However, the values of goods are measured by money and the usefulness of the commodities is now quantified in monetary terms in order to facilitate exchange (Sandoz, 2003). The capitalists' culture promoted the fiat currency terms for the measure of the value of goods. The money was made a universal measure of value and everything else was measured against it. Humans began to view their lives in terms of the value and amount of money they possess and not in terms of the things held. This meant that the society had lost their material reality and they also lost self-reality. Culture is now alienated through the centering on productive throughput systems. The key aim of urbanization is to separate humans from the nonhuman world (Samantha, 2011).
As urbanization succeeds in this, we continue to lose any sense of the natural world. It is now common to see natural spaces labeled “protected” and this shows that they are defined in a way that contradicts with the urban “reality”. The simulation in the urban centers is beyond measure that the actual nature is labeled protected to point out how “real” they are. The much spoken of “American Dream “is a classic example of hyper-reality. The reality TVs make another example of hyper-reality where there is not anything natural happening but all is stage managed and the consumers believe it is the actual lives of the starts the shows are portraying. Analogies. In his Simulacra and Simulation, Baudrillard uses analogies to make a point.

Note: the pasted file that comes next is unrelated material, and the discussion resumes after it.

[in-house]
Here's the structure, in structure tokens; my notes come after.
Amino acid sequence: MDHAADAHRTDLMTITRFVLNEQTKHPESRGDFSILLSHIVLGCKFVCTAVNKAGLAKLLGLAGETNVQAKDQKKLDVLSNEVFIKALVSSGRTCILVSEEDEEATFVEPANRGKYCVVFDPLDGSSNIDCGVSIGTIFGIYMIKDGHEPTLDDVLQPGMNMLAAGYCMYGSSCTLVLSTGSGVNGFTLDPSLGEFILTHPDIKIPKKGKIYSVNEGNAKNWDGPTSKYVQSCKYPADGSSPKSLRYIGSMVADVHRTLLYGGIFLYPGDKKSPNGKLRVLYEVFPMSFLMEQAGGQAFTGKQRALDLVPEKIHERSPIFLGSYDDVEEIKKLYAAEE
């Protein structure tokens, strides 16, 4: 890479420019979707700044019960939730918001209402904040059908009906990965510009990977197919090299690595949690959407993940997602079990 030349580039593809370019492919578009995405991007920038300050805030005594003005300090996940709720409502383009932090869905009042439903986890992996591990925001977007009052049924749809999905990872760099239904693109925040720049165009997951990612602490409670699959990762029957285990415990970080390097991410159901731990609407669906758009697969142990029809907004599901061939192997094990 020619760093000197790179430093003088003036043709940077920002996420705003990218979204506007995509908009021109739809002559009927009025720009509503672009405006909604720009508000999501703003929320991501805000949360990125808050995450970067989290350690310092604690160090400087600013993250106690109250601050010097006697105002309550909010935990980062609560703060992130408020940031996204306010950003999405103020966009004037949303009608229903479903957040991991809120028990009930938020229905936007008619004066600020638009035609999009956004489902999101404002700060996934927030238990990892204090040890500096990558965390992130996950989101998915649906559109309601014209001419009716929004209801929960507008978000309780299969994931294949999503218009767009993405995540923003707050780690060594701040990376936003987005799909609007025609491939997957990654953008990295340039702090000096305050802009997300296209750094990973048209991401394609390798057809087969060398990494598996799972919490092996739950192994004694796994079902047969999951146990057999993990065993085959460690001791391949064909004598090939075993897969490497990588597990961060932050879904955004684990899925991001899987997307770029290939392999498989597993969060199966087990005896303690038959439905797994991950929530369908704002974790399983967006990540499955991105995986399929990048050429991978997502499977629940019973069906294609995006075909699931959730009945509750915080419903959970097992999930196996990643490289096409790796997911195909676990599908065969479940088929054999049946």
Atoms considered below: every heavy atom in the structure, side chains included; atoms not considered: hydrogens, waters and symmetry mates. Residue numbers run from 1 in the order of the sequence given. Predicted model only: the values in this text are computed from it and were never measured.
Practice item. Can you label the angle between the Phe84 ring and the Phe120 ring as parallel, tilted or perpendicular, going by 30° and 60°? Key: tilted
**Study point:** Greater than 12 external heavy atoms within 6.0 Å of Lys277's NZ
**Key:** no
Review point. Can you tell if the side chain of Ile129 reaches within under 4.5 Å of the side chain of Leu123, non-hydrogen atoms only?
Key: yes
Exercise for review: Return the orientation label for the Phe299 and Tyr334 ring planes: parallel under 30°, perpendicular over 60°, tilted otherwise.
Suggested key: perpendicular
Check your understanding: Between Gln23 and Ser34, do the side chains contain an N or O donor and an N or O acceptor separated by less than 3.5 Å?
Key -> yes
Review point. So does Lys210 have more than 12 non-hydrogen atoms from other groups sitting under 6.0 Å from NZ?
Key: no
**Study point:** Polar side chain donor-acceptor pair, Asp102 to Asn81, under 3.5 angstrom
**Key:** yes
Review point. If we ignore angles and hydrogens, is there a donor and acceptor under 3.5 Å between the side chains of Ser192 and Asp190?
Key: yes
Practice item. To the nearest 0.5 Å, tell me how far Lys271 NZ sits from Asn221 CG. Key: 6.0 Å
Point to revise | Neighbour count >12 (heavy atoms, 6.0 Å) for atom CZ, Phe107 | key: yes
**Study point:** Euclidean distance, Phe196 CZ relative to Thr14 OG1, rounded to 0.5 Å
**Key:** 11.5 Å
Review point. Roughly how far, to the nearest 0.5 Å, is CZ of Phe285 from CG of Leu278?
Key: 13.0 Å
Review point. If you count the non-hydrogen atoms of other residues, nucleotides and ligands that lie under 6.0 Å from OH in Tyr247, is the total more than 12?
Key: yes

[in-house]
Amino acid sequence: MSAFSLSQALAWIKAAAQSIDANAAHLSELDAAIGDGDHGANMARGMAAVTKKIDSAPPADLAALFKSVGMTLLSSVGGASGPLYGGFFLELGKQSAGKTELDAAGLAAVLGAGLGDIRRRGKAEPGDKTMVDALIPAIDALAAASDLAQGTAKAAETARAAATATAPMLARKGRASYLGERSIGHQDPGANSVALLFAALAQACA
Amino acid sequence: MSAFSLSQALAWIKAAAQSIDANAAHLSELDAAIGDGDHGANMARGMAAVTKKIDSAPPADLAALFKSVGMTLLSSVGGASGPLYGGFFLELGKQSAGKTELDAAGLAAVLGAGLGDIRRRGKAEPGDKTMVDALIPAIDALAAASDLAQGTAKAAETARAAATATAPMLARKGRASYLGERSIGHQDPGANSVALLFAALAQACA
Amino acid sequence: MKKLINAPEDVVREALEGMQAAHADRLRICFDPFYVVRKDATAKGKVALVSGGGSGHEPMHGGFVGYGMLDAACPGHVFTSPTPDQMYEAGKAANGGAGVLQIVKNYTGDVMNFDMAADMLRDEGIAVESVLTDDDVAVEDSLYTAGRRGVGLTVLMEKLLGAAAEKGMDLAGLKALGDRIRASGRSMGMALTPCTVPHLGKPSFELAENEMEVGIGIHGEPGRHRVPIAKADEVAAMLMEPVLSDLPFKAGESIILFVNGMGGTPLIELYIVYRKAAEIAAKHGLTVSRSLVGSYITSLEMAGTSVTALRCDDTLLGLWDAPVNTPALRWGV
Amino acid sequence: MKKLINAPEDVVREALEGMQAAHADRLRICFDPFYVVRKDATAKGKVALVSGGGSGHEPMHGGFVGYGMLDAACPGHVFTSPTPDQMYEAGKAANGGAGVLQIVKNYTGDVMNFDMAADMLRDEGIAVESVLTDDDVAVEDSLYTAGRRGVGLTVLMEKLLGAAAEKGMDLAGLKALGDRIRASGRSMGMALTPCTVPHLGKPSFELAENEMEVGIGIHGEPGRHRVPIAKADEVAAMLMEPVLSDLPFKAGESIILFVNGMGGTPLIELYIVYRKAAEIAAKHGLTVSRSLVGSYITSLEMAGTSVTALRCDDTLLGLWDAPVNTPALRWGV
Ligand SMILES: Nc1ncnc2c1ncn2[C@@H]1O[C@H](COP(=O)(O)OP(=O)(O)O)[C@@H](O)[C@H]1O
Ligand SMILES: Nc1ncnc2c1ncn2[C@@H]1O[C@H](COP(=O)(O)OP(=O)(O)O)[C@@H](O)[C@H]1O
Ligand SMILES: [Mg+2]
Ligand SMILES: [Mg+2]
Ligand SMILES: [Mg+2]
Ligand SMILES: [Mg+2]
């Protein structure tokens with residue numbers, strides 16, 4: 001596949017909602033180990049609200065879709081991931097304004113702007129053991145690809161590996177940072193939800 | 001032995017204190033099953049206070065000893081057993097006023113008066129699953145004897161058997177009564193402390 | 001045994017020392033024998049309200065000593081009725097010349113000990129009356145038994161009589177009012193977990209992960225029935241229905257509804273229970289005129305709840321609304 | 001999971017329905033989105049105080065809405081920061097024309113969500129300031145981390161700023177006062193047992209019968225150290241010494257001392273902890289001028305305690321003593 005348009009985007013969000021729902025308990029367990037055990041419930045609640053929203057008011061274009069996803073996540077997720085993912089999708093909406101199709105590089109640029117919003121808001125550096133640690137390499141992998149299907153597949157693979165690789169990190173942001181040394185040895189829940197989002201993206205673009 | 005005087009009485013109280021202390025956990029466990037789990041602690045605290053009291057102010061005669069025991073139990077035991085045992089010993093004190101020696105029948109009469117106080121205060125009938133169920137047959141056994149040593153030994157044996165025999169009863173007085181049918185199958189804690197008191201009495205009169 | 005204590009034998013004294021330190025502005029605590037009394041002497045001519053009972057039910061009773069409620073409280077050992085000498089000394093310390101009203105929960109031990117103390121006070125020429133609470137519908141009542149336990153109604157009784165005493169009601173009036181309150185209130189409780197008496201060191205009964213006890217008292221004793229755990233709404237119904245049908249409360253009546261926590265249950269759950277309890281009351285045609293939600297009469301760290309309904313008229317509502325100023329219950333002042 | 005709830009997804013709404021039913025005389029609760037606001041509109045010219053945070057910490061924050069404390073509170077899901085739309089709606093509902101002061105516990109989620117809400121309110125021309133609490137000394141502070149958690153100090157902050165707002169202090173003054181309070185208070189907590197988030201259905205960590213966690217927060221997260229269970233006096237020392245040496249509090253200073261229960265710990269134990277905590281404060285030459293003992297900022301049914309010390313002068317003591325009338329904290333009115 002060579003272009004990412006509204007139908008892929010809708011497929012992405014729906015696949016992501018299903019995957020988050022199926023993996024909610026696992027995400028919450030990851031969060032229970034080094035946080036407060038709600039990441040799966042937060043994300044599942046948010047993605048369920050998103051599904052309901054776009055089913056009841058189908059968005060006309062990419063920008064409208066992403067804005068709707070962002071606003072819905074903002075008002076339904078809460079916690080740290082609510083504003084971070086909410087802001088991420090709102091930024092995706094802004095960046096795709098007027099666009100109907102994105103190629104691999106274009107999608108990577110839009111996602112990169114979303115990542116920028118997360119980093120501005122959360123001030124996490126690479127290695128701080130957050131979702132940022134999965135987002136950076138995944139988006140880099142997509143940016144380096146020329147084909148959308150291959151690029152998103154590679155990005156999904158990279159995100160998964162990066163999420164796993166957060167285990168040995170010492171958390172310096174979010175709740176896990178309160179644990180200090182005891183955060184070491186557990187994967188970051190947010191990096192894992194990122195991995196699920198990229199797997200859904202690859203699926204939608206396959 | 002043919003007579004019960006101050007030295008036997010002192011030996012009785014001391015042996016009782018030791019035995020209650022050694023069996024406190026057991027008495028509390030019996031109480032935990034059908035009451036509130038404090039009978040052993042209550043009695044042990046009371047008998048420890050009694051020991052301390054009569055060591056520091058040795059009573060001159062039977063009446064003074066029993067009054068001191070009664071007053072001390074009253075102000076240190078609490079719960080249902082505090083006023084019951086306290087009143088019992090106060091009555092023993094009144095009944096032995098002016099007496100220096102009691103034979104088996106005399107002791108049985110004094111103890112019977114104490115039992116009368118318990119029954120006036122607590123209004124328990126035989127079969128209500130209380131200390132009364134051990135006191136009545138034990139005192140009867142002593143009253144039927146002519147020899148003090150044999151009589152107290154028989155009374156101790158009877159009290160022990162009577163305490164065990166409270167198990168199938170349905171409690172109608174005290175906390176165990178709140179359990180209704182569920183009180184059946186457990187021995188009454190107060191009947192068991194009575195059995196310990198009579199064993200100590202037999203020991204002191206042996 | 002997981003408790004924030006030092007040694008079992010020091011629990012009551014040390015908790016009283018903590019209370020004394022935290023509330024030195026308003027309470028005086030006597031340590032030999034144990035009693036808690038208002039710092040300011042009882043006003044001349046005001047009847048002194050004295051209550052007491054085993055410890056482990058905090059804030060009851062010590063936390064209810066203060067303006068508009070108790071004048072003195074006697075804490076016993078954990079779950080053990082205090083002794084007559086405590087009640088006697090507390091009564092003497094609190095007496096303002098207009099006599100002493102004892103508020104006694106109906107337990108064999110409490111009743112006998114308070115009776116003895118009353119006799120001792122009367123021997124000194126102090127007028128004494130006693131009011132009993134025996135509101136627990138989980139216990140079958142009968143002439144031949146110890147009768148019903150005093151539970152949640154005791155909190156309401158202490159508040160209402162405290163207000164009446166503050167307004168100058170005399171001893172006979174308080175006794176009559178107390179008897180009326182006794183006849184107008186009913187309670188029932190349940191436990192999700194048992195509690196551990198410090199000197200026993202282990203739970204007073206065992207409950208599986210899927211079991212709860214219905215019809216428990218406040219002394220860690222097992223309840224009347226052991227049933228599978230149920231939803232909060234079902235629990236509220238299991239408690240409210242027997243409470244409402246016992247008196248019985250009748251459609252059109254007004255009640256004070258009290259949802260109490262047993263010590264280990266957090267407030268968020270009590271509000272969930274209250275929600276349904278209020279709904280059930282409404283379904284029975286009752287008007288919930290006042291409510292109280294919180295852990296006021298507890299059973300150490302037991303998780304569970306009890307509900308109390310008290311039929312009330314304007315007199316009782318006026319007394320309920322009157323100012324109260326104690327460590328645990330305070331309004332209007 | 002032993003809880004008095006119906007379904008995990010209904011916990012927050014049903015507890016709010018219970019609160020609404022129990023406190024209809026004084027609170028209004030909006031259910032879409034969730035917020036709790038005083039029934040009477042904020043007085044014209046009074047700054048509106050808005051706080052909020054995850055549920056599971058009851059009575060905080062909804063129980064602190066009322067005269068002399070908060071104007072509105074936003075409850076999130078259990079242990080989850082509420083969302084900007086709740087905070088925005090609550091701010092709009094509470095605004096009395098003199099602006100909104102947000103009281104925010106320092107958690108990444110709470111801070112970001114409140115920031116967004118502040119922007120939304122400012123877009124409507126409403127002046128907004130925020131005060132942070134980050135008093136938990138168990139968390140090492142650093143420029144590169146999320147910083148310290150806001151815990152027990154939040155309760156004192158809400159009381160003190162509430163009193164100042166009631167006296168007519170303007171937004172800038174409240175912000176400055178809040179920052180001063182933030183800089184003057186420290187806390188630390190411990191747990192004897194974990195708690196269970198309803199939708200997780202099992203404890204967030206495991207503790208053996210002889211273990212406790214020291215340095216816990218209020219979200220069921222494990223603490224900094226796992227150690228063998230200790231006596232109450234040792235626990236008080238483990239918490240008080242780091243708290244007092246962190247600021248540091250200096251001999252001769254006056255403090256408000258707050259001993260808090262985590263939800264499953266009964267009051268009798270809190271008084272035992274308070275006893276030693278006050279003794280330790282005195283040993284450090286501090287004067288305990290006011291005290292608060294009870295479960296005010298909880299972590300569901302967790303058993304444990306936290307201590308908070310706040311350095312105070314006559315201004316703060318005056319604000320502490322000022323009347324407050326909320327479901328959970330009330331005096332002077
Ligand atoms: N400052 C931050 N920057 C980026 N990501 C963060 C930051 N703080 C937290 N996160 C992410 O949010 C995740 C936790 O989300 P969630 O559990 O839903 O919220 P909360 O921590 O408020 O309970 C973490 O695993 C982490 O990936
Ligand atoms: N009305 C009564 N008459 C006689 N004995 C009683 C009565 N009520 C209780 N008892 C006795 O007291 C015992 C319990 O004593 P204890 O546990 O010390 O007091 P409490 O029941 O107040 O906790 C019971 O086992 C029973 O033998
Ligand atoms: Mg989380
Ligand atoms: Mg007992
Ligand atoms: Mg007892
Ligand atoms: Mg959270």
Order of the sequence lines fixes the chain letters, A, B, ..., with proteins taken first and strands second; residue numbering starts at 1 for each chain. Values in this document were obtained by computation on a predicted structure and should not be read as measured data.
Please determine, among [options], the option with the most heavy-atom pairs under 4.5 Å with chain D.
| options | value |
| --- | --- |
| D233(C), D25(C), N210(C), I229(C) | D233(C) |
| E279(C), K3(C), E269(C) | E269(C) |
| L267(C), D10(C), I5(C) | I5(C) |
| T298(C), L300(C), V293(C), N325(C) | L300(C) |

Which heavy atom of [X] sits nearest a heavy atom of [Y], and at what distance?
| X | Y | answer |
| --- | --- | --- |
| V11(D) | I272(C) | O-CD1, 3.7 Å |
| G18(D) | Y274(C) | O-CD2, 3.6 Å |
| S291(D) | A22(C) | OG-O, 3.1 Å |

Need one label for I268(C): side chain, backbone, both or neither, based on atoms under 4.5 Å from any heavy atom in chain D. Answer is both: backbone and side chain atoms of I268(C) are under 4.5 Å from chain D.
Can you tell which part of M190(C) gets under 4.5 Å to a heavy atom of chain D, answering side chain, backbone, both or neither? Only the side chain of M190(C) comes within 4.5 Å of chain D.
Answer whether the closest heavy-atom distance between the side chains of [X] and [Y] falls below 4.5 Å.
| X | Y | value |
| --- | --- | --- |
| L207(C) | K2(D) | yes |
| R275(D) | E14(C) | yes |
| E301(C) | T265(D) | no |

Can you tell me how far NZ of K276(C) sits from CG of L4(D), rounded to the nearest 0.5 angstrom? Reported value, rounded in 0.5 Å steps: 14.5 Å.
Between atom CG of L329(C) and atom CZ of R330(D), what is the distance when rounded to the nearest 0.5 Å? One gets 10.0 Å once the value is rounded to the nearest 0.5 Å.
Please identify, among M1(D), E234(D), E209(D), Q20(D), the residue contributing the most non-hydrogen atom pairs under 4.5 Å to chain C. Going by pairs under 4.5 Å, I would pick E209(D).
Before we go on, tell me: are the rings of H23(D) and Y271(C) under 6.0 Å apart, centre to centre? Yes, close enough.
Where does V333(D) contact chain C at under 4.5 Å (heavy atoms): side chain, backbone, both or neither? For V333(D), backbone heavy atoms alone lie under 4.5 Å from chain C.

For instance, he explains the Hyperreal Imaginary by employing the use of Disneyland. The Precession of Simulacra and the Hyperreal Imaginary is best understood from these analogies and readers get to see how a copy gets to replace the reality in a series of events. Criticisms. Postmodernism, as postulated by Baudrillard, represented a great range of philosophical points of view. His theory centers on focus on the problem of any knowledge that is perceived to be foreign to the individual. Many theorists believe that knowledge is broadly shared in the original form but the limitations can vary. These are relevant in reminding us of the extreme extent of our dreams of technological transcended dangerous fantasies. It is not true that hyper-reality does not wipe off these limits for they exist unconditionally and only erases it from the subconscious.
Many scholars after Baudrillard’s find his assertion on hyper-reality flawed in this sense. David Porush further disagrees with Baudrillard and says that we will preserve and enhance the gifts of imagination and transcendence. He finds Baudrillard’s view to be narrow and historical take on the advent of virtual reality (Hayles, 1991). He leaves readers with the duty to forecast, interpret and find solutions. Conclusion. From his best-known theories of simulation and hyper-reality, we can tell that Jean Baudrillard was greatly influenced by Marxism, Structuralism, and Sociology. His work is a transition through different schools of thought. His works on Post-modernist, Post-Marxist and Post-structuralism gives his view of the postmodern world. G. , & Merrill, J. C. Ethical communication: Mopral stances in human dialogue.